So yeh, I will do all of that. And I definitely google issues before crying and running for help. But at the same time, community and bonding over issues and problems is also important for motivation and fun. Hence this thread

    (Original post by mobbsy91)
    I'm just working over the summer as a test analyst, so VBA is fairly good for when we need to do automation of a massive spreadsheet loaded full of stuff that needs....... testing!
    Definitely agree about the price... when I first saw it, I was expecting $5-10, so haven't bothered paying at all! Will just find and use stuff from the free web to use as practical projects... Problem I find is that I'm crap with coming up with ideas about what I should build to practice, so rely on an exercise/project from online to give me direction, and then usually I go off on tangents from there...!
    Oh cool... I used to hate spreadsheets but now I love them.
    I'm kind of lucky in that I have loads of ideas for easy (or maybe not so easy) projects to work on. I've read that this is a common issue for newbies. They learn the languages and then there's nothing for them to practice on that is between amateur level and the point where they're experienced enough to use it in the workplace.
    I have wasted a hideous amount of my time in some fan communities. And with one of them I ran a Facebook group where we had loads of contests and such things. So for that group alone I can think of like 5 basic web tools that I could have made which would have made everything a lot better and more efficient. Also I made a points system for myself to help me with personal goals. Turning that into a web tool would be nice.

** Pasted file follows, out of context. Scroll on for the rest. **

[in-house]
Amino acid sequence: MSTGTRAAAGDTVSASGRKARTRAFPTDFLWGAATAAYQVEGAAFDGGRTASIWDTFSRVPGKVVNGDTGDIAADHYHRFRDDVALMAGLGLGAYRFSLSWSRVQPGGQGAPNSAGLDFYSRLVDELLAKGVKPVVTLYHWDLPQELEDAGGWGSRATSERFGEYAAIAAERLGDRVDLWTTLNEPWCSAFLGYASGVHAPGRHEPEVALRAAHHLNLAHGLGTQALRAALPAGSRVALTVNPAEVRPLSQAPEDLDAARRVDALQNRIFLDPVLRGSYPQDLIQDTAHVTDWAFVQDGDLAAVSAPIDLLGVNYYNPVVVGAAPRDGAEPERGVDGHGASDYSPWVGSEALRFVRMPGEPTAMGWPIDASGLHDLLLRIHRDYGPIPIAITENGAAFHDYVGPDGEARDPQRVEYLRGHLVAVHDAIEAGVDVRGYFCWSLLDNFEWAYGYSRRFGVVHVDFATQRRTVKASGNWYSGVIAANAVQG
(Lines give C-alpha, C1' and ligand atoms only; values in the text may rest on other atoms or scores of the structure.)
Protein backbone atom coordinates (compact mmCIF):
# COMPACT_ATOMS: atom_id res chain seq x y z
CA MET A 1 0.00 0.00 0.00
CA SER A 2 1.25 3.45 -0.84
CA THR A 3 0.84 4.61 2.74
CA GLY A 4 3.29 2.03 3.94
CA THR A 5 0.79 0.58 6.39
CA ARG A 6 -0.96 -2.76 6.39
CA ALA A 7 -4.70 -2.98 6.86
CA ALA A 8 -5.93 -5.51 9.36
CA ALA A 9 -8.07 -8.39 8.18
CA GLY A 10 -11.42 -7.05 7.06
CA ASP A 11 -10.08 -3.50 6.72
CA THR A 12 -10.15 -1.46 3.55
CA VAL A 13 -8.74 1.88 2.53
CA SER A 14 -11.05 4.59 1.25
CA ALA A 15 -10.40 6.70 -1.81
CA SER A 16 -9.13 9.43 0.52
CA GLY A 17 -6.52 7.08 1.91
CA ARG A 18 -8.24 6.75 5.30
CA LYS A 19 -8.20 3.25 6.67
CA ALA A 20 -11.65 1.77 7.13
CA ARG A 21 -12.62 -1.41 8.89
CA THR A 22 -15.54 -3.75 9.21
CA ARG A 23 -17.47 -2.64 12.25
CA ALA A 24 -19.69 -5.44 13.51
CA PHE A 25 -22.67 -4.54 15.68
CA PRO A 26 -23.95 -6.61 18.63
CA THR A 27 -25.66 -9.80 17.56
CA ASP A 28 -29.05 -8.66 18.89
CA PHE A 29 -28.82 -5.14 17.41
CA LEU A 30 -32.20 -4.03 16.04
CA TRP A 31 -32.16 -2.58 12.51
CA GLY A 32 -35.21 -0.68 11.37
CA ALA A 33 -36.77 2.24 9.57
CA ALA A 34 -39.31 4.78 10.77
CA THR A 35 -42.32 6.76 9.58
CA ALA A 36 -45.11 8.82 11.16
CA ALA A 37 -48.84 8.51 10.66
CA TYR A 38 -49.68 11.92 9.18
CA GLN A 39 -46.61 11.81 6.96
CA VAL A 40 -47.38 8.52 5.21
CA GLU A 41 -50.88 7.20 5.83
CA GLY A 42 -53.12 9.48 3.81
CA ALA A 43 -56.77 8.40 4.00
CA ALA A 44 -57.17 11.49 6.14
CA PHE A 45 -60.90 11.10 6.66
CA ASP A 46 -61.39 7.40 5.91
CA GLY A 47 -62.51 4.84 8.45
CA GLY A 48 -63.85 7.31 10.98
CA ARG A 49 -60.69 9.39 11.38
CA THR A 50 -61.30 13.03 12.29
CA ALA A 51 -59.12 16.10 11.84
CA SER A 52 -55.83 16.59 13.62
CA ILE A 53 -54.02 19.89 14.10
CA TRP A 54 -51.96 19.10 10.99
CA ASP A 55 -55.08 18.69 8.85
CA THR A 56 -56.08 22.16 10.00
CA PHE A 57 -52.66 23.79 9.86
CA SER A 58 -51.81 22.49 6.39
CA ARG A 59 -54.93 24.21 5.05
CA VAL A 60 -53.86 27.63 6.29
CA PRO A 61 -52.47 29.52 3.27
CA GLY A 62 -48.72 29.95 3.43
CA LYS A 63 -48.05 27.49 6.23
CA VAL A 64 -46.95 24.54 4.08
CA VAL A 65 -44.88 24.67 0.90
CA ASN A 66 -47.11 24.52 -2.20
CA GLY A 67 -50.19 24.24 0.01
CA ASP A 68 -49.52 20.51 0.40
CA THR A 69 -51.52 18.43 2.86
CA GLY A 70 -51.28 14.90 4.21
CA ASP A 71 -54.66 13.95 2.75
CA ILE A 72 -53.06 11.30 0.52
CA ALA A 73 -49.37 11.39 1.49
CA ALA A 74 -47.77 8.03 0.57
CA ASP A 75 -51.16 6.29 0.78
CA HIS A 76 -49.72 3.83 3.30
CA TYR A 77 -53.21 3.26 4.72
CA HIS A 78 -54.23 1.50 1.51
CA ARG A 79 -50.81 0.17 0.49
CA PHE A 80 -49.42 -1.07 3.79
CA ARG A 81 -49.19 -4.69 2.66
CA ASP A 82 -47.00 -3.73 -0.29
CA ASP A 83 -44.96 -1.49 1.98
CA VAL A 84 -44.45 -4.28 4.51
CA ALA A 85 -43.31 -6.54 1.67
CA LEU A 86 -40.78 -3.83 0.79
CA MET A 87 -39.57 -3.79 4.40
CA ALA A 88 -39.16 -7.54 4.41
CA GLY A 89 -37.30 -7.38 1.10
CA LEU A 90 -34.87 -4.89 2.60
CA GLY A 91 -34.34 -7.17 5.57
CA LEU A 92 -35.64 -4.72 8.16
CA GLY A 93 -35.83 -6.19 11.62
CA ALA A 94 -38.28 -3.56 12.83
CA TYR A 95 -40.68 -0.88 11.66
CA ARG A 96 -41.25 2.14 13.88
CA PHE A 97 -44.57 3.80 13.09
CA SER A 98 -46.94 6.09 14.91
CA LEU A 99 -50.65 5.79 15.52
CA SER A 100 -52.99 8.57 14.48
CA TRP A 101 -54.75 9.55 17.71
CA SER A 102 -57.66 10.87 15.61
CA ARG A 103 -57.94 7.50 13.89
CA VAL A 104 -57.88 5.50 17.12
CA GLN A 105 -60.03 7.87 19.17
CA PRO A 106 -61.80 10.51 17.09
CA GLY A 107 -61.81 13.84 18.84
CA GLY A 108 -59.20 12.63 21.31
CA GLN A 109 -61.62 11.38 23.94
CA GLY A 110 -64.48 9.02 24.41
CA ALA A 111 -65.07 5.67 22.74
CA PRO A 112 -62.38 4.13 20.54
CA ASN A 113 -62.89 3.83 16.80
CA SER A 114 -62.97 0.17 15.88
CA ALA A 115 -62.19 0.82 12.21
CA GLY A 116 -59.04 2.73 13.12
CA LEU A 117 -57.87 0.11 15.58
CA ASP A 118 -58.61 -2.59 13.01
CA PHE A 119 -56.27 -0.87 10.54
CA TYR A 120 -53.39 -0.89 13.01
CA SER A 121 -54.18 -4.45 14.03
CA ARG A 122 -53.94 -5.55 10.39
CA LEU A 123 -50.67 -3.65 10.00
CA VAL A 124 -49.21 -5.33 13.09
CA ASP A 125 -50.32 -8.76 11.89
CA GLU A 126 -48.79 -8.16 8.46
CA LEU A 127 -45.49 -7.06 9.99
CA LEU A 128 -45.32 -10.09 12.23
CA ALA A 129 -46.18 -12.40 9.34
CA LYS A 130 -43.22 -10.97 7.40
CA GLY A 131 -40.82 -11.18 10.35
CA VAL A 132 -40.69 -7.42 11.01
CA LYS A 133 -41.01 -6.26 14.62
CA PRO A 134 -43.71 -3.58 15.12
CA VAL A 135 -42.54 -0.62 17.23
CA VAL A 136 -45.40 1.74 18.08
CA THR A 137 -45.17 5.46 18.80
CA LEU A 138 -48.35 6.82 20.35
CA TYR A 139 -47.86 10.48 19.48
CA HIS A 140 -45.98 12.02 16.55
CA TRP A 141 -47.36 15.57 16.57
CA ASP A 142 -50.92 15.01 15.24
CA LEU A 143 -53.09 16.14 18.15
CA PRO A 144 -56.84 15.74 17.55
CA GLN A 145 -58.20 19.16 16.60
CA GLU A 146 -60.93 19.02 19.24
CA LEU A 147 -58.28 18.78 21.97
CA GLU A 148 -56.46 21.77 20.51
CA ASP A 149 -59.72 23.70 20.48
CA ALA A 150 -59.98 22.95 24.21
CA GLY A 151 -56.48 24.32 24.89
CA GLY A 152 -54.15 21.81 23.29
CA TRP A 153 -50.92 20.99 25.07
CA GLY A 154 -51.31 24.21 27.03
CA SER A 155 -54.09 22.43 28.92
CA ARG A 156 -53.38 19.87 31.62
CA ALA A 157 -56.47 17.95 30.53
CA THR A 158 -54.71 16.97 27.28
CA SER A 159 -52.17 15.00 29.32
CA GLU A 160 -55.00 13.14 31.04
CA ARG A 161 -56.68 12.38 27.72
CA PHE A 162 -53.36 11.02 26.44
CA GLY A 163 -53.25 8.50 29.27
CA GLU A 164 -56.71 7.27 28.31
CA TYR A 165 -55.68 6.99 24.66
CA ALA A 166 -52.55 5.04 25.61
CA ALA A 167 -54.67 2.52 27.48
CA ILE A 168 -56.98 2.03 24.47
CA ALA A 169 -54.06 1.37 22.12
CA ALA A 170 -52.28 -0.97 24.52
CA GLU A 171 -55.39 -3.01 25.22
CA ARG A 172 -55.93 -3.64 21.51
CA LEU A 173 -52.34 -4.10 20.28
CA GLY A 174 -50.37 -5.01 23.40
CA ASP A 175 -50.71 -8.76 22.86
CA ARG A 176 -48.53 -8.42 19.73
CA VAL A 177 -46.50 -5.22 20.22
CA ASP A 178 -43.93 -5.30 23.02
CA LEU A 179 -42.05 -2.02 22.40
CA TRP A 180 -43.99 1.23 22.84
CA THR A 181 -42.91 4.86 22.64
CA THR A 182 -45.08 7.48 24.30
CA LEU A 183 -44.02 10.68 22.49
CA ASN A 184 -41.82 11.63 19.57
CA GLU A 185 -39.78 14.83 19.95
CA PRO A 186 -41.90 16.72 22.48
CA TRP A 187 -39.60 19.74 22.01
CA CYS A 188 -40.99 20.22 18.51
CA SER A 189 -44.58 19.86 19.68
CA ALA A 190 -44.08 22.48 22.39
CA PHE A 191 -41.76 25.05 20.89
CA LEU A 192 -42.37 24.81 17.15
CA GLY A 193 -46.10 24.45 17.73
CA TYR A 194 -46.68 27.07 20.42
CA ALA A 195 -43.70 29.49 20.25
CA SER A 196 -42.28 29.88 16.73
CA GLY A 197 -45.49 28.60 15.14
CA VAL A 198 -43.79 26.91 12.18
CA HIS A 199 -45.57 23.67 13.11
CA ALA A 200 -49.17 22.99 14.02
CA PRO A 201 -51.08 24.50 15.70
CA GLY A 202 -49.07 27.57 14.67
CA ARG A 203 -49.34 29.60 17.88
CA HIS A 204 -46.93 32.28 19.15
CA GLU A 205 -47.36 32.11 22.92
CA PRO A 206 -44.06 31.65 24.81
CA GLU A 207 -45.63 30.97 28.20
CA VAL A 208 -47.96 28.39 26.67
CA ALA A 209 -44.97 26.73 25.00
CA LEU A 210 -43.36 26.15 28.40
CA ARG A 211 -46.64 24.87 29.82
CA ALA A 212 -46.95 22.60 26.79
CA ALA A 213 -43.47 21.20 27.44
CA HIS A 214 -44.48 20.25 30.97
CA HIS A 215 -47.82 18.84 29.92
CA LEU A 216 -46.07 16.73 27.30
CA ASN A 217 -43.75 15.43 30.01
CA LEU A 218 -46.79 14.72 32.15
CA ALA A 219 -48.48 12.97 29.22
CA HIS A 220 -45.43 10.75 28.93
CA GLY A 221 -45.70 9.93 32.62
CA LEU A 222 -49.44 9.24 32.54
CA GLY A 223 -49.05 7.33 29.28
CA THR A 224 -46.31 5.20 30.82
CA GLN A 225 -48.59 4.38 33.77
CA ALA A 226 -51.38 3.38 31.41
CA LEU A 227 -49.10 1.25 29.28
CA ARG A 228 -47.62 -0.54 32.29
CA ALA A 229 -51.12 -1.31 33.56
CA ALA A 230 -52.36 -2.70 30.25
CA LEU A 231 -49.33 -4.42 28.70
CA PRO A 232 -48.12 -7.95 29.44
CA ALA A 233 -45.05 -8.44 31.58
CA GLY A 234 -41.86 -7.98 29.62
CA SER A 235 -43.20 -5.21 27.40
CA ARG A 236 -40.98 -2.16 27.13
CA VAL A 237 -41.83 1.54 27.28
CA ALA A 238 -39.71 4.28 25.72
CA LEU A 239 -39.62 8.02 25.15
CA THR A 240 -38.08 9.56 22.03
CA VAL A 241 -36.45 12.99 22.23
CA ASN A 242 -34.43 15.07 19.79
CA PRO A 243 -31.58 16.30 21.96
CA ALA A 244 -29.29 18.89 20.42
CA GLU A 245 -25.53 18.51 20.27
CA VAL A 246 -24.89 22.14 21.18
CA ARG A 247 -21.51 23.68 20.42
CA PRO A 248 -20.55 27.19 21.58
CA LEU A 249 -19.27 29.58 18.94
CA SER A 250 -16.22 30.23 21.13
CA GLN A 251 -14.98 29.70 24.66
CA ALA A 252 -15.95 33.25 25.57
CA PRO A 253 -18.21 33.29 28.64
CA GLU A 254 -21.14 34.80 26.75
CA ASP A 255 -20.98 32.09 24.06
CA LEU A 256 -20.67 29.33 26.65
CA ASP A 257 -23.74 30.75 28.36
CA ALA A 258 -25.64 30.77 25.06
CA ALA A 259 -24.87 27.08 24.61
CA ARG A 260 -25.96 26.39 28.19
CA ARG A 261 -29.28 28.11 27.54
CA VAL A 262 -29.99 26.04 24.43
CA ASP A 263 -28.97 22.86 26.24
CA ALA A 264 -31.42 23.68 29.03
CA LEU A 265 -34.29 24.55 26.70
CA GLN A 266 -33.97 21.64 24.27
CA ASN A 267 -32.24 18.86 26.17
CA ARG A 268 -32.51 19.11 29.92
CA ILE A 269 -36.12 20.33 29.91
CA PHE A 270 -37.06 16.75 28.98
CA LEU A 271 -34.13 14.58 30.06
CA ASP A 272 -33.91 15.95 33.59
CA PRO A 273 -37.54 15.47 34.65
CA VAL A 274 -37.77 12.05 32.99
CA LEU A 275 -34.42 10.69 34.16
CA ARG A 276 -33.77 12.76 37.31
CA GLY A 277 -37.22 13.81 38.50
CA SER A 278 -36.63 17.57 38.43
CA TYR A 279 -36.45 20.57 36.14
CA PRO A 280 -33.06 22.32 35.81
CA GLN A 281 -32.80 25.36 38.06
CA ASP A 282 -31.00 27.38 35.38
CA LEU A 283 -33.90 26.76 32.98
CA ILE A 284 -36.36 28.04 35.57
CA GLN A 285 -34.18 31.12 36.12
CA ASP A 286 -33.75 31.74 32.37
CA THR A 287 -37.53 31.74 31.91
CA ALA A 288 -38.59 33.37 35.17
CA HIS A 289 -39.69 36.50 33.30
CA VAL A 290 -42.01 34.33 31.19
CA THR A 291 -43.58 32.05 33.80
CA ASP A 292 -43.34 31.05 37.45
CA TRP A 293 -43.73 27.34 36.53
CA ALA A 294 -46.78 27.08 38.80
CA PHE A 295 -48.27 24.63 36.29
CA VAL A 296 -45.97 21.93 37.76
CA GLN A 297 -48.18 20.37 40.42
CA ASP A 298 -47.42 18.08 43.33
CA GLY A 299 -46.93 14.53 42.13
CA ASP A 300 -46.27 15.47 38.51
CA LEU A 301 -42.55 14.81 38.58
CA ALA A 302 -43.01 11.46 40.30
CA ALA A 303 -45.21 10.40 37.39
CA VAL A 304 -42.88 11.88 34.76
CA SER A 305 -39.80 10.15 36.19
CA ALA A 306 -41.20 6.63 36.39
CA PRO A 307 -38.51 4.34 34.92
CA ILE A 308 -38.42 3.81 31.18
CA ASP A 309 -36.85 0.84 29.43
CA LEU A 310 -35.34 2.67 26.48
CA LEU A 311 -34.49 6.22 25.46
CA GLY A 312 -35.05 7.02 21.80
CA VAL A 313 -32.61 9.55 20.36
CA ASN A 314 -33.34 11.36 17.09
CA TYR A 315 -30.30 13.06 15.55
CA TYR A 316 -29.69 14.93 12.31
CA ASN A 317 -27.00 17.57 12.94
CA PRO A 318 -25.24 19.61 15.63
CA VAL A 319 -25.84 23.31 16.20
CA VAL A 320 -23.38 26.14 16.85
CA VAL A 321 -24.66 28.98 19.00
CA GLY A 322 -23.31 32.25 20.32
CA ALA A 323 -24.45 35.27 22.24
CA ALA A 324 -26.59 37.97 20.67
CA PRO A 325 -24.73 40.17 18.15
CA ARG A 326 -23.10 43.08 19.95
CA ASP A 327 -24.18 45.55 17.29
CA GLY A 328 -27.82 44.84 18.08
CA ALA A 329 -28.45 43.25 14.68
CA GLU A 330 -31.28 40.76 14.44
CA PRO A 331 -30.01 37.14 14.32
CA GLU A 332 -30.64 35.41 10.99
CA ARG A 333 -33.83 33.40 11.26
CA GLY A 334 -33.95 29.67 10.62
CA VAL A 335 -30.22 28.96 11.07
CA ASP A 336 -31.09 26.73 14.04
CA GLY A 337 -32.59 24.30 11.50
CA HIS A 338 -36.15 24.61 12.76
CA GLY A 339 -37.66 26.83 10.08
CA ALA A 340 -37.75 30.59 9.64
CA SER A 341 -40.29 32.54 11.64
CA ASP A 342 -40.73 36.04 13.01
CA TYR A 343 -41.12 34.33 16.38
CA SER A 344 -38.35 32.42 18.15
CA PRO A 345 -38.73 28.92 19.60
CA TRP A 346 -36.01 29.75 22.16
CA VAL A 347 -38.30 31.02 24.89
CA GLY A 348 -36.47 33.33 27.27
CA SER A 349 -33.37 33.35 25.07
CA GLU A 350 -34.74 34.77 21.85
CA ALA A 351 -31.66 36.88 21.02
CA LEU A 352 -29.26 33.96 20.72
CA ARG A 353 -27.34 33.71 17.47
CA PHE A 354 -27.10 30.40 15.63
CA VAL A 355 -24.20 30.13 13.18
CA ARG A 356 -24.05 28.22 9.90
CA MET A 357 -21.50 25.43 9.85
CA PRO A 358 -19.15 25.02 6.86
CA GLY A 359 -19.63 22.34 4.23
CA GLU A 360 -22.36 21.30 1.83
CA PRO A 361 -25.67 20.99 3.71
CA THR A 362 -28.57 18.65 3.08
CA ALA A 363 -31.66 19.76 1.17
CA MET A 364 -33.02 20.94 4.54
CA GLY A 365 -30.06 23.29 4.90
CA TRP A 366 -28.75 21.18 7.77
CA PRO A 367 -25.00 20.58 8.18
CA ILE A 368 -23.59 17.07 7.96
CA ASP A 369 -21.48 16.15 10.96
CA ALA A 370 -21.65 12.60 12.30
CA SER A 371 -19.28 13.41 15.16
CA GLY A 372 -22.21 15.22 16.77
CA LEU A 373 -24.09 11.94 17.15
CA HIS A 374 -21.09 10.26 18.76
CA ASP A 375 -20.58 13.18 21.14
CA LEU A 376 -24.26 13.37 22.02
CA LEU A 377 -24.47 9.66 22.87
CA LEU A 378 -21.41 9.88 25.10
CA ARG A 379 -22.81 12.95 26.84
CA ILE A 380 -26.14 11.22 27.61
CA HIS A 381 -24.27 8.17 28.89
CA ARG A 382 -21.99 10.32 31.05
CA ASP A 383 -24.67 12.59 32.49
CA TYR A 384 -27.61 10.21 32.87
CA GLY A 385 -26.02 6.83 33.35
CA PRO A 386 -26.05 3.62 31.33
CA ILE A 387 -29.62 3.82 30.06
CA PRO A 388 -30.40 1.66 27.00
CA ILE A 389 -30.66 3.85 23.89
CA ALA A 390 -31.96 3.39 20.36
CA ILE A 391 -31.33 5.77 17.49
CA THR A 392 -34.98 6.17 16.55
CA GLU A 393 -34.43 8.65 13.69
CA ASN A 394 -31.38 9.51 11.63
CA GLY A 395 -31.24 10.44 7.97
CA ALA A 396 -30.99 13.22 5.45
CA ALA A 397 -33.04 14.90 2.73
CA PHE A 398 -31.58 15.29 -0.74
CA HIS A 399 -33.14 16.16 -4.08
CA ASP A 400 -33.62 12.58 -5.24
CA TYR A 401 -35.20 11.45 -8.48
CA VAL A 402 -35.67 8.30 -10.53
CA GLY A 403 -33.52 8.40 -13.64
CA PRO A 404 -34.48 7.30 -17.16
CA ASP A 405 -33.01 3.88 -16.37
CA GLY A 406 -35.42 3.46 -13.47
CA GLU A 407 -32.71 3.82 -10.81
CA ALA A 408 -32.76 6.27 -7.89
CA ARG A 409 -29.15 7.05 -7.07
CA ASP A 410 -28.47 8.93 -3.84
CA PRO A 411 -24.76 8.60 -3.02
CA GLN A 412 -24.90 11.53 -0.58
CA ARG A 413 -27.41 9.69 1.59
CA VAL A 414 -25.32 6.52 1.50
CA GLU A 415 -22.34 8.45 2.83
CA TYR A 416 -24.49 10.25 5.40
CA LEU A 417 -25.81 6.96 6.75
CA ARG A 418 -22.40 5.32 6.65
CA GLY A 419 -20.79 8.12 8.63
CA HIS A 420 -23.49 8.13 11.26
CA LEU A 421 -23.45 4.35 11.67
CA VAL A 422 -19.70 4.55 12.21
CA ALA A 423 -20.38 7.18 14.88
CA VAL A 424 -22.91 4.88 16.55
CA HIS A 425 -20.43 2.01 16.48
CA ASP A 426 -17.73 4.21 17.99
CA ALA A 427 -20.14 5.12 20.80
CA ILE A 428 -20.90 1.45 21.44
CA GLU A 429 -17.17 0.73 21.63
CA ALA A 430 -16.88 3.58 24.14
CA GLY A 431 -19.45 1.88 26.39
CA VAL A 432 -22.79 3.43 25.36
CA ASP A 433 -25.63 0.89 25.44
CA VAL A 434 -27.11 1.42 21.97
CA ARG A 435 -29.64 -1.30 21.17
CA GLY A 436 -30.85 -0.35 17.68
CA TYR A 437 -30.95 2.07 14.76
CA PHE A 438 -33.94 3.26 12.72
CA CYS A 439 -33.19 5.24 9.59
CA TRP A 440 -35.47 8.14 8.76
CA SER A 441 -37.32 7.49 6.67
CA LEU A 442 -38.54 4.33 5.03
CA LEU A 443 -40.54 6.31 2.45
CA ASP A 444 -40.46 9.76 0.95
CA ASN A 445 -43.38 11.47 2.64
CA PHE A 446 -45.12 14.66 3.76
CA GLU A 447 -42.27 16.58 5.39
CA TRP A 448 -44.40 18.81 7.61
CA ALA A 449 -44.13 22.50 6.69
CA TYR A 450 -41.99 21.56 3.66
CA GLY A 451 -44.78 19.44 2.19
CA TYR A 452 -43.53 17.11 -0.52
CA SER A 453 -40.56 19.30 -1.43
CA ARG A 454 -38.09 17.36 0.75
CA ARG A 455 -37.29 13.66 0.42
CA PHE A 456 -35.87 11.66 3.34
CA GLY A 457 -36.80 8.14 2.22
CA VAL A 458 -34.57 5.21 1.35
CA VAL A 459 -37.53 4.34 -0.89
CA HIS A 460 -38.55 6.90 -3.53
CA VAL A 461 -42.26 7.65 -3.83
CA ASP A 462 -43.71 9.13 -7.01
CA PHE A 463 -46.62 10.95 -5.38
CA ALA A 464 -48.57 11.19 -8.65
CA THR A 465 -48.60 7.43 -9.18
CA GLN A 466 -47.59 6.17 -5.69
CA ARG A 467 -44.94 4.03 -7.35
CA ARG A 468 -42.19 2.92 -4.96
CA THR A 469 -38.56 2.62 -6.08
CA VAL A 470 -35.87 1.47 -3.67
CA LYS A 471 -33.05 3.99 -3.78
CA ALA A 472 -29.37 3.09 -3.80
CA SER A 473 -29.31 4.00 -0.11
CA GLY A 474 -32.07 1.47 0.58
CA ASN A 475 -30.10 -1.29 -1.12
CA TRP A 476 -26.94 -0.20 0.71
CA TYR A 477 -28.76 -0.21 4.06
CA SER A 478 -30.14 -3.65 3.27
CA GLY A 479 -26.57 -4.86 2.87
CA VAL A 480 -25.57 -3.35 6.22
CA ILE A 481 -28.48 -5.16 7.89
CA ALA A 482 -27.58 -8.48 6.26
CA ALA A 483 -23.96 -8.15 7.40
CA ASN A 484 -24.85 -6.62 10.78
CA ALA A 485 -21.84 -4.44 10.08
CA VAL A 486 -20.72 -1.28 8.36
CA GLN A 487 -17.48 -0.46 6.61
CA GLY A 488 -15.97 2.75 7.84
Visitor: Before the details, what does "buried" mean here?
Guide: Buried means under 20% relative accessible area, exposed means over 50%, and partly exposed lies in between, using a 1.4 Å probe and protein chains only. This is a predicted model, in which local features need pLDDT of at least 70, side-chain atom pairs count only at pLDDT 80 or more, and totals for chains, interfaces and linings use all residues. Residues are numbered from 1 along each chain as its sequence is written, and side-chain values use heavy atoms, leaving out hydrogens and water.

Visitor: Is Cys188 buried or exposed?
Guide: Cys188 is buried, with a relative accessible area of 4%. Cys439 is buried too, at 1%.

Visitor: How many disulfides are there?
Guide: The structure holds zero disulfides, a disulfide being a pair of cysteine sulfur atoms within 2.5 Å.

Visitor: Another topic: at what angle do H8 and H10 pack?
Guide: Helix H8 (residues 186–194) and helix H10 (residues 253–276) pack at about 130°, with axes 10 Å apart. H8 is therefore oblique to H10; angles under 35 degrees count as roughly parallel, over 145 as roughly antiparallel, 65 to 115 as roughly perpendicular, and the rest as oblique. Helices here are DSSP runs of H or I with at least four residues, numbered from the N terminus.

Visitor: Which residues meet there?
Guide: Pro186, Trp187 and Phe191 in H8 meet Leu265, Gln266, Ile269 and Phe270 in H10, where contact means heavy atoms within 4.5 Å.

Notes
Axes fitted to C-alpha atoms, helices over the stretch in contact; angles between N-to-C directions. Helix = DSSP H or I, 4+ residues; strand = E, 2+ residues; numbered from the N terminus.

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    (Original post by A Great Listener)
    Ah...
    So my "advice" here would be to get started with Python to become familiar with the core concepts and so that the confusing principles of a language like the memory management of C don't get into your way. When you have got the fundamentals under your belt, your best bet would be to see what kind of project you would like to do. What is your general interest? Have you done any projects? I could probably say that Java or C# would then be good so you get a good grasp of OOP (Object Orientated Programming).
    Also, search places like Github and find sample projects to replicate. Try to see the real world projects out there and what languages they have been written in.

    Not to forget, Javascript is by no means a bad language to start with but as your aim is to see the 'big picture' it would be better to not start with web development as the languages used in Web Development are rarely used else where. Hope that answered your concern.
    Thanks, yes it does
    I'll give that a go!
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    FORTRAN
    Plagioclase


    Time to achieve saitama gains
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    (Original post by Craghyrax)
    Like so That's my goal right now.